author of "Tomorrow, the World, The Birth of U.S. Global Supremacy"
Stephen Wertheim, author of "Tomorrow, the World, The Birth of U.S. Global Supremacy"
Stephen Wertheim is a historian of the United States in the world and analyst of contemporary American grand strategy. He is a Senior Fellow in the American Statecraft Program at the Carnegie Endowment for International Peace. He is also a Visiting Faculty Fellow at the Center for Global Legal Challenges at Yale Law School.
He specializes in U.S. foreign relations and international order from the late nineteenth century to the present. In his book, Tomorrow, the World: The Birth of U.S. Global Supremacy (Harvard University Press, 2020), he reveals how U.S. leaders made a sudden decision to pursue global military dominance, which they had previously regarded as unnecessary at best and imperialistic at worst.
Stephen regularly writes about current events. His essays have appeared in Foreign Affairs, Foreign Policy, The Guardian, The Nation, The New York Review of Books, The New York Times, The New Yorker, The Washington Post, and elsewhere. In 2020, Prospect magazine named him one of “the world’s 50 top thinkers for the Covid-19 age.”
Stephen has also published scholarly articles on U.S. ideas and projects of diplomatic engagement, international law, world organization, colonial empire, and humanitarian intervention. His research on the intellectual origins of the League of Nations won the Fischel-Calhoun Prize from the Society for Historians of the Gilded Age and Progressive Era.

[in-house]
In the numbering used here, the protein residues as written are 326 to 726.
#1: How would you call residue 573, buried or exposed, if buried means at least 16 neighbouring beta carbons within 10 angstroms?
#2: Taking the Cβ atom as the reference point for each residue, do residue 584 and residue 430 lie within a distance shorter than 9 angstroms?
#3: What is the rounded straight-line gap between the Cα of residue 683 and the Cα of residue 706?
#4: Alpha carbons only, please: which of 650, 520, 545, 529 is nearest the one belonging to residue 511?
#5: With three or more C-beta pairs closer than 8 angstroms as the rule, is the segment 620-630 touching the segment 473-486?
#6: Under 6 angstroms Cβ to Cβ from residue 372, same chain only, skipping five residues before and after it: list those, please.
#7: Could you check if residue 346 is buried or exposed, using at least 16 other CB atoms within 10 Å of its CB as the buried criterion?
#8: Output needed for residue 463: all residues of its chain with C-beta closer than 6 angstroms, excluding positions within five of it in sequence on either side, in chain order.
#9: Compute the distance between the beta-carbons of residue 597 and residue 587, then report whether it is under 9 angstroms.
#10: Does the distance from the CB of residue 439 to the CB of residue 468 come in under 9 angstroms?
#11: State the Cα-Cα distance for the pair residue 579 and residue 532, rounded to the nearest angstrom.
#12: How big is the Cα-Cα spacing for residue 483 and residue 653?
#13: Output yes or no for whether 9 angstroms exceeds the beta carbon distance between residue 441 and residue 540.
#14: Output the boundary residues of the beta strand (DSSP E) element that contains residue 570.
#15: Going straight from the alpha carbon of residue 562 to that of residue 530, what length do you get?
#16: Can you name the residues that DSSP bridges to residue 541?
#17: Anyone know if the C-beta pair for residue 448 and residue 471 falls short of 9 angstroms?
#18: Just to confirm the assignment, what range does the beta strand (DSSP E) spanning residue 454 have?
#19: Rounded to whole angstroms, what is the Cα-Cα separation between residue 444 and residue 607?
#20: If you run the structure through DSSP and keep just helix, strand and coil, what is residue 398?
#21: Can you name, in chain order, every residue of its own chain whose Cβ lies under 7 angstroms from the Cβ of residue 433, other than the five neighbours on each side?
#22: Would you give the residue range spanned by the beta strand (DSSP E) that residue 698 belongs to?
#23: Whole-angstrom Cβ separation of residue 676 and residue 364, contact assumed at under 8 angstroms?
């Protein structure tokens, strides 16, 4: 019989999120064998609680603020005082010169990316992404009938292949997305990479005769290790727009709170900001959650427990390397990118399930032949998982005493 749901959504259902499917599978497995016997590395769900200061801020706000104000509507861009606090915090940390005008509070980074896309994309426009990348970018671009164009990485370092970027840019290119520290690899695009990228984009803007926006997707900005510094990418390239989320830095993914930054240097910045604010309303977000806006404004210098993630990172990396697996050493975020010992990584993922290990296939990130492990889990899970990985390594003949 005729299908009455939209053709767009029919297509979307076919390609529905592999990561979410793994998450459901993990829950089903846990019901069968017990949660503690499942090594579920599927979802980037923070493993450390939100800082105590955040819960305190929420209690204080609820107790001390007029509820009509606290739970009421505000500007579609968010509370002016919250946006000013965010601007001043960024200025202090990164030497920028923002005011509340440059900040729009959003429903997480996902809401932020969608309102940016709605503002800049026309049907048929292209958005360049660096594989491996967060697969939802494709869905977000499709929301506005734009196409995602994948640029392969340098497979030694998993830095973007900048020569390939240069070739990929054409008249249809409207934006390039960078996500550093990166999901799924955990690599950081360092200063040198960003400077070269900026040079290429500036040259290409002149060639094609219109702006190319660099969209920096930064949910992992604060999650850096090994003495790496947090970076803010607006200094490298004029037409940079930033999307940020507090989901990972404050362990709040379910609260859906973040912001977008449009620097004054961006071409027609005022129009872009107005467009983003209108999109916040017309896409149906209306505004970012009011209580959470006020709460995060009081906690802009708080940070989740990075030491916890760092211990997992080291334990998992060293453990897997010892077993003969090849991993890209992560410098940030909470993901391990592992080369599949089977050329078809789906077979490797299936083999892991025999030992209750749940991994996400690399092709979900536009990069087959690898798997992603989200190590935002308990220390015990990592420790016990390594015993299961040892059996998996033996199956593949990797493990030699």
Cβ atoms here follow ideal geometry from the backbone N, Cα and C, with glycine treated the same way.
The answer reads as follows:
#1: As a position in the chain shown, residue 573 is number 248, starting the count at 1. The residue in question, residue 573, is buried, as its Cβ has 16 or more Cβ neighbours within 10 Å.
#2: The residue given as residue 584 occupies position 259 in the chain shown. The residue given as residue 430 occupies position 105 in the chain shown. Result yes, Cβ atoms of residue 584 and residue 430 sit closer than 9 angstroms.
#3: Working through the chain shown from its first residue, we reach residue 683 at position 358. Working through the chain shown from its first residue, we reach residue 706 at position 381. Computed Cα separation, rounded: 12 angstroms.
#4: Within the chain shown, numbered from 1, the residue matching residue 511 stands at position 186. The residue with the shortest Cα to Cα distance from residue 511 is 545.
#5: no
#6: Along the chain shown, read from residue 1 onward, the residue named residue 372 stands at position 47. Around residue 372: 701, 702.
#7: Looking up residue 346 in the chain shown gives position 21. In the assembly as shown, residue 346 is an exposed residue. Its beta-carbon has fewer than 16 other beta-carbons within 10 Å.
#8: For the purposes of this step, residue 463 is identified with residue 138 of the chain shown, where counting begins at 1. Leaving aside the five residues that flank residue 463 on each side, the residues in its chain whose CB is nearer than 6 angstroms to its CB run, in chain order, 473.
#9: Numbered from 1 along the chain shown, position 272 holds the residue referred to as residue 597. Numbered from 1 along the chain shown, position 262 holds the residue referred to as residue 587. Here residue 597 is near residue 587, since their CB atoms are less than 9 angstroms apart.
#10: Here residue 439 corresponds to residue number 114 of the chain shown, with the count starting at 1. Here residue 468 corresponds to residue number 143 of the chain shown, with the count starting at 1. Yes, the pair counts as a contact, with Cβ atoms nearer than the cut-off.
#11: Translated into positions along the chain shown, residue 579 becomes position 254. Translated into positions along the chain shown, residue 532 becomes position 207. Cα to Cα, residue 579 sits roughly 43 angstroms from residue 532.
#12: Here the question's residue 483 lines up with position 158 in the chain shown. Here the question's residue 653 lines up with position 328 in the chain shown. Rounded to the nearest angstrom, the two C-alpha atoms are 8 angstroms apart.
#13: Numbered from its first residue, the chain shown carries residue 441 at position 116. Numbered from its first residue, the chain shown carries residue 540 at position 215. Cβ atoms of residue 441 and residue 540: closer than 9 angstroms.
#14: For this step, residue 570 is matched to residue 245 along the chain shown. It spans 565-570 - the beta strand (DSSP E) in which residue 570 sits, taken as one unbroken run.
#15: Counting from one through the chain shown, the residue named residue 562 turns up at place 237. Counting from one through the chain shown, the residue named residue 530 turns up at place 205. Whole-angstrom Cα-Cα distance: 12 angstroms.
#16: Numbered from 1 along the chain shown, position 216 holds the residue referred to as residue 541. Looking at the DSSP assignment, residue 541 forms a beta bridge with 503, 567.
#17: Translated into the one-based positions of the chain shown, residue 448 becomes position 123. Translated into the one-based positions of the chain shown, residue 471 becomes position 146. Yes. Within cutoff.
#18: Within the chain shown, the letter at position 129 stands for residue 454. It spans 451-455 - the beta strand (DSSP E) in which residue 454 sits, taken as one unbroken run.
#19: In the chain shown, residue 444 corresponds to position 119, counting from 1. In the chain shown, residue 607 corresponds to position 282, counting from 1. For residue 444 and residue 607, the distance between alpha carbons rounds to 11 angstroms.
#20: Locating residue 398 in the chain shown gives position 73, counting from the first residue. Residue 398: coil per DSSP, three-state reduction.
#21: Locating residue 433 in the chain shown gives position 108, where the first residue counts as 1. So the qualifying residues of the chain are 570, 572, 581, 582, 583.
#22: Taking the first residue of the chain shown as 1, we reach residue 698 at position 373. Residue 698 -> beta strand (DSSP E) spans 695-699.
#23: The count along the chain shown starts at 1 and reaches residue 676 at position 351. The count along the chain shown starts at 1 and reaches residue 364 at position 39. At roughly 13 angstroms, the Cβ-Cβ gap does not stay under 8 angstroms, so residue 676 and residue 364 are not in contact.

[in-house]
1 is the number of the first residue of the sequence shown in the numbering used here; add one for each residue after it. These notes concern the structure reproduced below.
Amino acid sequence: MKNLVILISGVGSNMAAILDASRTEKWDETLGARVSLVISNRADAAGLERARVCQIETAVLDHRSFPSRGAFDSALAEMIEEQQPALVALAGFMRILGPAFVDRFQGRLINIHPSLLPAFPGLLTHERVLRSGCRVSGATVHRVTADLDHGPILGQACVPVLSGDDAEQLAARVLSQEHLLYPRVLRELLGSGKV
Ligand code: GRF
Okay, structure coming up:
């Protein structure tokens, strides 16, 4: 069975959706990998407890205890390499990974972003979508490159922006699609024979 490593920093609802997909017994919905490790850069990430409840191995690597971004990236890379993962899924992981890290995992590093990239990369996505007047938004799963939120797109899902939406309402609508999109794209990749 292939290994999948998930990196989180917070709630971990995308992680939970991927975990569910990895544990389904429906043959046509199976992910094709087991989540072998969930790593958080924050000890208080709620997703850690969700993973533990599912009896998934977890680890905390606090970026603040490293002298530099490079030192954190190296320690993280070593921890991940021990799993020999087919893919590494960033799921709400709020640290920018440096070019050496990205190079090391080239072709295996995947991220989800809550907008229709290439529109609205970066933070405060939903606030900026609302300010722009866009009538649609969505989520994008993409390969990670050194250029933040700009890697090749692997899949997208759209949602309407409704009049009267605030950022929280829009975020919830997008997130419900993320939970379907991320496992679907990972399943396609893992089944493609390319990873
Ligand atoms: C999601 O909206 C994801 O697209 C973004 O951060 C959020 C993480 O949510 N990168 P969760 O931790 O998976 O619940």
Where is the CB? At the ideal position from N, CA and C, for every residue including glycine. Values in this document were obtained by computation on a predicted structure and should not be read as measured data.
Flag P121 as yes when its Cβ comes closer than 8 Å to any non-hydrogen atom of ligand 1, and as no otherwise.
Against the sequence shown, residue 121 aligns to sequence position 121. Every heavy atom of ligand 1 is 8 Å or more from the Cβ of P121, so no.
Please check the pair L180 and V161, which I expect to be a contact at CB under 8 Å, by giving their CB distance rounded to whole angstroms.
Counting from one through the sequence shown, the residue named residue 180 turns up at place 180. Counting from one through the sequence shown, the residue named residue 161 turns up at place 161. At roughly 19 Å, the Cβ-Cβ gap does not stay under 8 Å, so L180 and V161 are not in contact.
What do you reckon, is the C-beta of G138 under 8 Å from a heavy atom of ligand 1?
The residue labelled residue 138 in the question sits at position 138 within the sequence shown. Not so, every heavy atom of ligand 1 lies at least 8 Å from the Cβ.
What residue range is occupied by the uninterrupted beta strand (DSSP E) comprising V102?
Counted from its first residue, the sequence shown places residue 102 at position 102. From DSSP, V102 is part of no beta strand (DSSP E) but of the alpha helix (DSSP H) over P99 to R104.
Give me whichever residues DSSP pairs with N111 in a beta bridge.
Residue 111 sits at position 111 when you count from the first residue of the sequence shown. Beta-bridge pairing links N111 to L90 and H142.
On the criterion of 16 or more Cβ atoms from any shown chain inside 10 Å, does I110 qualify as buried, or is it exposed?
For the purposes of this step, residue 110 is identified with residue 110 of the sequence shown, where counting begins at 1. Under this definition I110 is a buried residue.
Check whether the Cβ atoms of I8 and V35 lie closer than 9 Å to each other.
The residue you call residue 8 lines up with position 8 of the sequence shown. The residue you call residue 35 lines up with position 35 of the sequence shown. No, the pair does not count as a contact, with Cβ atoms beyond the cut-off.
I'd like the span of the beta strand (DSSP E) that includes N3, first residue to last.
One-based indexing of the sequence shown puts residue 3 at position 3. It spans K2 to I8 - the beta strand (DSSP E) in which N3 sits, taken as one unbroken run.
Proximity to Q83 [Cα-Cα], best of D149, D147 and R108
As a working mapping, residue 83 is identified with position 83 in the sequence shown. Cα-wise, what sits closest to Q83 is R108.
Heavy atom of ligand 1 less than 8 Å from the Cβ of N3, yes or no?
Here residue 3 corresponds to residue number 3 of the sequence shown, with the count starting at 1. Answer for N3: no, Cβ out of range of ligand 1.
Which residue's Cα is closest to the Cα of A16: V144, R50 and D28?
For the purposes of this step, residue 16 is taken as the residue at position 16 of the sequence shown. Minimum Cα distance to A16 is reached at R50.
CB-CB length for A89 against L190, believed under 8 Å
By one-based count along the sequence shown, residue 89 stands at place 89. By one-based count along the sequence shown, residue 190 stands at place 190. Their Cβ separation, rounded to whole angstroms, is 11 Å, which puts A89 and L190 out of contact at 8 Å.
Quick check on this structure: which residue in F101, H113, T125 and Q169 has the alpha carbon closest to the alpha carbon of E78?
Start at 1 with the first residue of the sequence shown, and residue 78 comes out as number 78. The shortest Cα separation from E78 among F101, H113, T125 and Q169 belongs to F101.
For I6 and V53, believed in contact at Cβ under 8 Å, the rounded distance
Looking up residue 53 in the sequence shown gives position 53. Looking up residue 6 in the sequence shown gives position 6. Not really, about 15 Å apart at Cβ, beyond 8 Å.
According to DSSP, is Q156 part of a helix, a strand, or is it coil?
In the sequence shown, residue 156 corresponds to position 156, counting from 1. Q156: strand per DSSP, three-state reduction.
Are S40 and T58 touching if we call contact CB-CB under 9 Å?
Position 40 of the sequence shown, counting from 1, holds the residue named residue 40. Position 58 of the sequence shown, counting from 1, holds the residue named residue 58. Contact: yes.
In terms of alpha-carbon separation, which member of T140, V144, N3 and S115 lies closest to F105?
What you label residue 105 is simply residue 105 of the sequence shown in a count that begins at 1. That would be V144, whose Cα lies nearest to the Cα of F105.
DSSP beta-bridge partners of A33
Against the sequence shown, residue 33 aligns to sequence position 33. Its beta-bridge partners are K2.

Before coming to Carnegie, he was Director of Grand Strategy at the Quincy Institute for Responsible Statecraft, a think-tank he co-founded in 2019. He was previously a Visiting Assistant Professor in history at Columbia University and a permanent Lecturer in history at Birkbeck, University of London. He has also been a Research Scholar at the Saltzman Institute of War and Peace Studies at Columbia University, a Junior Research Fellow at King’s College, University of Cambridge, and a Postdoctoral Research Associate in Values and Public Policy at Princeton University.
For most of its history, the United States avoided making political and military commitments that would entangle it in European-style power politics. Then, suddenly, it conceived a new role for itself as the world’s armed superpower―and never looked back. In Tomorrow, the World, Stephen Wertheim traces America’s transformation to the crucible of World War II, especially in the months prior to the attack on Pearl Harbor. As the Nazis conquered France, the architects of the nation’s new foreign policy came to believe that the United States ought to achieve primacy in international affairs forevermore. Scholars have struggled to explain the decision to pursue global supremacy. Some deny that American elites made a willing choice, casting the United States as a reluctant power that sloughed off “isolationism” only after all potential competitors lay in ruins. Others contend that the United States had always coveted global dominance and realized its ambition at the first opportunity. Both views are wrong. As late as 1940, the small coterie of officials and experts who composed the U.S. foreign policy class either wanted British preeminence in global affairs to continue or hoped that no power would dominate. The war, however, swept away their assumptions, leading them to conclude that the United States should extend its form of law and order across the globe and back it at gunpoint. Wertheim argues that no one favored “isolationism” ―a term introduced by advocates of armed supremacy in order to turn their own cause into the definition of a new “internationalism.” We now live, Wertheim warns, in the world that these men created. A sophisticated and impassioned narrative that questions the wisdom of U.S. supremacy, Tomorrow, the World reveals the intellectual path that brought us to today’s global entanglements and endless wars.